Pandemic drones: Useful for enforcing social distancing, or creating a police state?

  Last updated April 7, 2020 at 12:35 pm

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Pandemic drones are being rolled out in response to the COVID-19 pandemic, but there are concerns these measures will be hard to roll back once the virus passes.


pandemic drones_drones_technology

Pandemic drones are increasingly being used by governments globally for delivering medical supplies to monitoring people. Credit: BAGUS INDAHONO/EPA




Why This Matters: Drones can be an effective tool in disaster response – as long as they’re used wisely.




People in Western Australia may soon see more than birds in the sky, as the state’s police force has announced plans to deploy drones to enforce social distancing. The drones will visit parks, beaches and cafe strips, ensuring people comply with the most recent round of gathering rules.


As COVID-19 restrictions tighten around the world, governments are harnessing the potential of drones. From delivering medical supplies, to helping keep people indoors – drones can do a lot in a pandemic.


Since the outbreak began, China has used pandemic drones to deliver medical supplies and fooddisinfect villages, and even provide lighting to build a hospital in Wuhan in nine daysDrone medical deliveries have cut transit times, reduced the strain on health personnel and enabled contactless handovers, reducing the risk of infection.




Also: New drone tech can tell the living from the dead in disaster




It’s clear drones are helping combat COVID-19, as governments use them to control and monitor.


But these measures may be difficult to roll back once the pandemic passes. And safeguards will be needed to prevent unwanted surveillance in the future.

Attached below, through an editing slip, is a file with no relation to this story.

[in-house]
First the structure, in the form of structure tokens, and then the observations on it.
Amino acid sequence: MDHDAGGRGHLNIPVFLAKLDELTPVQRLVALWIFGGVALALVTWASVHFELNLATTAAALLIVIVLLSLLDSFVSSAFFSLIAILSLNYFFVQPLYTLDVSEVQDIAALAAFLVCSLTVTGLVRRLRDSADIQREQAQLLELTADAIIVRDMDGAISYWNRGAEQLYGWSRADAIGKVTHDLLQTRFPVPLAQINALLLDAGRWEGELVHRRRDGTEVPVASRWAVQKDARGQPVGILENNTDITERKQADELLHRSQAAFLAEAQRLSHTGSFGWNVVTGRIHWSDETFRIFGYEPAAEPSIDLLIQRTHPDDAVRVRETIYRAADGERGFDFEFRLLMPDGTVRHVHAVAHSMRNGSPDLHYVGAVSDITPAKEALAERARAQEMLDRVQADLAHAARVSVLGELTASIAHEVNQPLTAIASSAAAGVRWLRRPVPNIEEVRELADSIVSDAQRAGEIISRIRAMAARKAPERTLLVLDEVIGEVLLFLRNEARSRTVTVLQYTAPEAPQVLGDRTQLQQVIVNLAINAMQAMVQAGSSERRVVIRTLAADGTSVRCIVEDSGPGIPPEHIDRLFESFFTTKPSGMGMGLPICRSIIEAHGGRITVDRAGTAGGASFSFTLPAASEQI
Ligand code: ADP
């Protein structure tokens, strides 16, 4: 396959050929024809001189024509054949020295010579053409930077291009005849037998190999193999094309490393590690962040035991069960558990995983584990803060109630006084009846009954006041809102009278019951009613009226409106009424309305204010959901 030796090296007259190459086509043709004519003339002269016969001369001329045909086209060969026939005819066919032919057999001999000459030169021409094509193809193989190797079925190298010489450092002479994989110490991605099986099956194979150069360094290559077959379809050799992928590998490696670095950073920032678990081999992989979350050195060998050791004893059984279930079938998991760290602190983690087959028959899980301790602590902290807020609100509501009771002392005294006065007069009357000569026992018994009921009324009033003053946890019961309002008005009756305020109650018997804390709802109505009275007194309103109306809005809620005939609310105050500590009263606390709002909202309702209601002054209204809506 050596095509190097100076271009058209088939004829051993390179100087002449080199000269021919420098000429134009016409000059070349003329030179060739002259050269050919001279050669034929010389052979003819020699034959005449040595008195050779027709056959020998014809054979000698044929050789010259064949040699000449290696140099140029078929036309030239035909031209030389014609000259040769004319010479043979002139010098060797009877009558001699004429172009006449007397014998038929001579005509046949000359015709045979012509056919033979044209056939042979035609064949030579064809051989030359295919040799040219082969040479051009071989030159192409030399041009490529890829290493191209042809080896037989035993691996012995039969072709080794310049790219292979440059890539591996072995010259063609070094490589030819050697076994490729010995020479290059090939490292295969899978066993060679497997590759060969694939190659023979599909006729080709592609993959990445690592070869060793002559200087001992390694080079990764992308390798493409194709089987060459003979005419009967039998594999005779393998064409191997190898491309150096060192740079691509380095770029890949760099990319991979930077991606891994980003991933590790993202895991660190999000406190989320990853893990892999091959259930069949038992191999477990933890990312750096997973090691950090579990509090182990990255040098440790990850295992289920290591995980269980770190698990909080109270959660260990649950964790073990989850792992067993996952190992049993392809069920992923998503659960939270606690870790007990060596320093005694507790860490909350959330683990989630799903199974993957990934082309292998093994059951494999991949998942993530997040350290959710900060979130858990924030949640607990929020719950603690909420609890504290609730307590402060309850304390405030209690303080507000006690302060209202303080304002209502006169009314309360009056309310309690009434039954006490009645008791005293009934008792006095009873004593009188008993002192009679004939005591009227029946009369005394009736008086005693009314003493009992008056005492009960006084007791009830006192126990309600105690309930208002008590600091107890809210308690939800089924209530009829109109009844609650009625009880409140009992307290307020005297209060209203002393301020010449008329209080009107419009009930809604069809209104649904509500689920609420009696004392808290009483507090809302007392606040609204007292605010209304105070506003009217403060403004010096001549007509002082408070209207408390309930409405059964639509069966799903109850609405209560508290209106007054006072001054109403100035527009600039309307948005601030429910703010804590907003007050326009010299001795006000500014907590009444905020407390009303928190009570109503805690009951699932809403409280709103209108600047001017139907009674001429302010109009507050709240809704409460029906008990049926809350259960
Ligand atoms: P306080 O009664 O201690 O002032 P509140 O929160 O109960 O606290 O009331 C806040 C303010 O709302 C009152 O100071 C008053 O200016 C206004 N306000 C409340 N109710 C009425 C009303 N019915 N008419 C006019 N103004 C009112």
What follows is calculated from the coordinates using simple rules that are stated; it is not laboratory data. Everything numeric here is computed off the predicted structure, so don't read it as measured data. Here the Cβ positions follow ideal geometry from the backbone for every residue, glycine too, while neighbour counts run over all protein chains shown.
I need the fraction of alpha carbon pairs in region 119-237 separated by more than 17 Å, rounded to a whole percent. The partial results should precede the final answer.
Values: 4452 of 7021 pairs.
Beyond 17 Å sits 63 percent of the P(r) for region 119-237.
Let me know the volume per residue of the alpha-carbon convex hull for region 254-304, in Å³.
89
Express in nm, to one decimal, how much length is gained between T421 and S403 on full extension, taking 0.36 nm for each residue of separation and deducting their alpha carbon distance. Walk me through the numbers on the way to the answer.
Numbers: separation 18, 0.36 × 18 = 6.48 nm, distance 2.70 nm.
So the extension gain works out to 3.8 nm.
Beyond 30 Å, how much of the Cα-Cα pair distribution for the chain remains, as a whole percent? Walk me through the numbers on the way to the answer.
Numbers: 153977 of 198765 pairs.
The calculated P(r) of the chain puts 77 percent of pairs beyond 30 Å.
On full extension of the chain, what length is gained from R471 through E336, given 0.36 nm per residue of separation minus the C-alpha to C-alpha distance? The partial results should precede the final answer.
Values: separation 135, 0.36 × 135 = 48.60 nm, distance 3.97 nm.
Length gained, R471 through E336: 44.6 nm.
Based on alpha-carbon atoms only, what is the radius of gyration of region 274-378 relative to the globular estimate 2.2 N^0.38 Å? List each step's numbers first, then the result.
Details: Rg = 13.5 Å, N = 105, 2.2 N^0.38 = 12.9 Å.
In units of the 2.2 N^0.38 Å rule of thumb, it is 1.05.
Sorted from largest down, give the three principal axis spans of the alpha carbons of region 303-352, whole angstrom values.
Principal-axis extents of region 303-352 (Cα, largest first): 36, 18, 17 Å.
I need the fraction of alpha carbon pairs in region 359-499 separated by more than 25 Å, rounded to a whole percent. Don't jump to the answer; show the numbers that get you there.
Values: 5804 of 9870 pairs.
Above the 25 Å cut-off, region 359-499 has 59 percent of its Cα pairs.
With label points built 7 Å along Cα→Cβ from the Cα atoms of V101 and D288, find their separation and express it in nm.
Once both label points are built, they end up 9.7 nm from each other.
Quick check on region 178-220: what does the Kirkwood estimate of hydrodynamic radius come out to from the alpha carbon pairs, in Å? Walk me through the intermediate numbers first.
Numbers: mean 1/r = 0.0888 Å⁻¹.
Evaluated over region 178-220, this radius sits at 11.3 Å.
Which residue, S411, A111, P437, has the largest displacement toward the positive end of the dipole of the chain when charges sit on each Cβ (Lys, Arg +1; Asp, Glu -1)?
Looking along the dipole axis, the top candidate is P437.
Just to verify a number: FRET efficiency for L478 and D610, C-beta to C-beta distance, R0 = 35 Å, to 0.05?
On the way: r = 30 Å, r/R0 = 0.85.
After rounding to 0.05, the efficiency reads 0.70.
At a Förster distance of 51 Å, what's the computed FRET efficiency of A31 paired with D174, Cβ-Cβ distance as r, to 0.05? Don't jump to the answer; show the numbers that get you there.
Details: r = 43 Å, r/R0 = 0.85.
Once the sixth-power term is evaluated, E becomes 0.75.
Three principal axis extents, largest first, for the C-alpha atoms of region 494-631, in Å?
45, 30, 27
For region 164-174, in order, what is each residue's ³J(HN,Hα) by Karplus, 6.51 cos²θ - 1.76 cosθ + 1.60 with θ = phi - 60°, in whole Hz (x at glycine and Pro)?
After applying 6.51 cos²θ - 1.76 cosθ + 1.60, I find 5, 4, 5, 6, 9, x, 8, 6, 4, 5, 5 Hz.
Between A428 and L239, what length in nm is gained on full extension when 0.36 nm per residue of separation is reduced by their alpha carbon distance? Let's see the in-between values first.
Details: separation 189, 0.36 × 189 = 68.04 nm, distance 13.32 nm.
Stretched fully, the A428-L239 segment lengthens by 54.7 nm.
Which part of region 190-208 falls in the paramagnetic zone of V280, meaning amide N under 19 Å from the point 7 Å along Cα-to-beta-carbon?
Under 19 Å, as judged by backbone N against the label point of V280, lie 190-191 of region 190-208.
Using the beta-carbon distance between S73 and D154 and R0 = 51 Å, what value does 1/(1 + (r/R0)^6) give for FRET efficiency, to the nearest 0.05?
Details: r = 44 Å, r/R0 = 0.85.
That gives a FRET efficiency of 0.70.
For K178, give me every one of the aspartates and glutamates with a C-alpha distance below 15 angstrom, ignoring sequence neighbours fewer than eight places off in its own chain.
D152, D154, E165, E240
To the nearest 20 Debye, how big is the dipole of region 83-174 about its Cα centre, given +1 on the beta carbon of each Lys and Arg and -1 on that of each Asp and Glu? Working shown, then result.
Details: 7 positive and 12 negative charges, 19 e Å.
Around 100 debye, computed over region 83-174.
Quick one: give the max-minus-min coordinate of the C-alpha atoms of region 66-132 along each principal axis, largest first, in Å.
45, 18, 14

Drone use: clever, quirky and sometimes concerning


With cities on lockdown, drones have shown uncanny images of emptied urban landscapes from Wuhan and metros across the globe.


Social distancing has inspired some quirky uses by individuals, including walking the dog and asking for a date.




But the main game has been about control. China is using drones to enforce quarantine rules and deter gatherings that violate social distancing rules.


One viral video showed a drone scolding an elderly woman for not wearing a mask. In some cases, traffic police and municipal officials used drones fitted with speakers to order people home and break up mahjong games.




Flying at high altitudes, drones can help police and other officials monitor large areas to identify those violating restrictions. Similar tactics are being used in Madrid and Nice, with talk of deployment in many other places.


A defence for the ‘good drone’?


There are huge advantages in sending drones into disaster zones such as bushfires, or remote landscapes for search and rescue. Pilots can safely stream crucial vision from a drone’s optical and thermal cameras.


But while “good drones” can be valuable in disaster, they have been criticised for giving drone warfare an ethical veneer by association with humanitarian work. Some have even argued that using drones at all risks tainting relief work, because militaries have played a major role in developing drone technologies that are also responsible for humanitarian tragedies.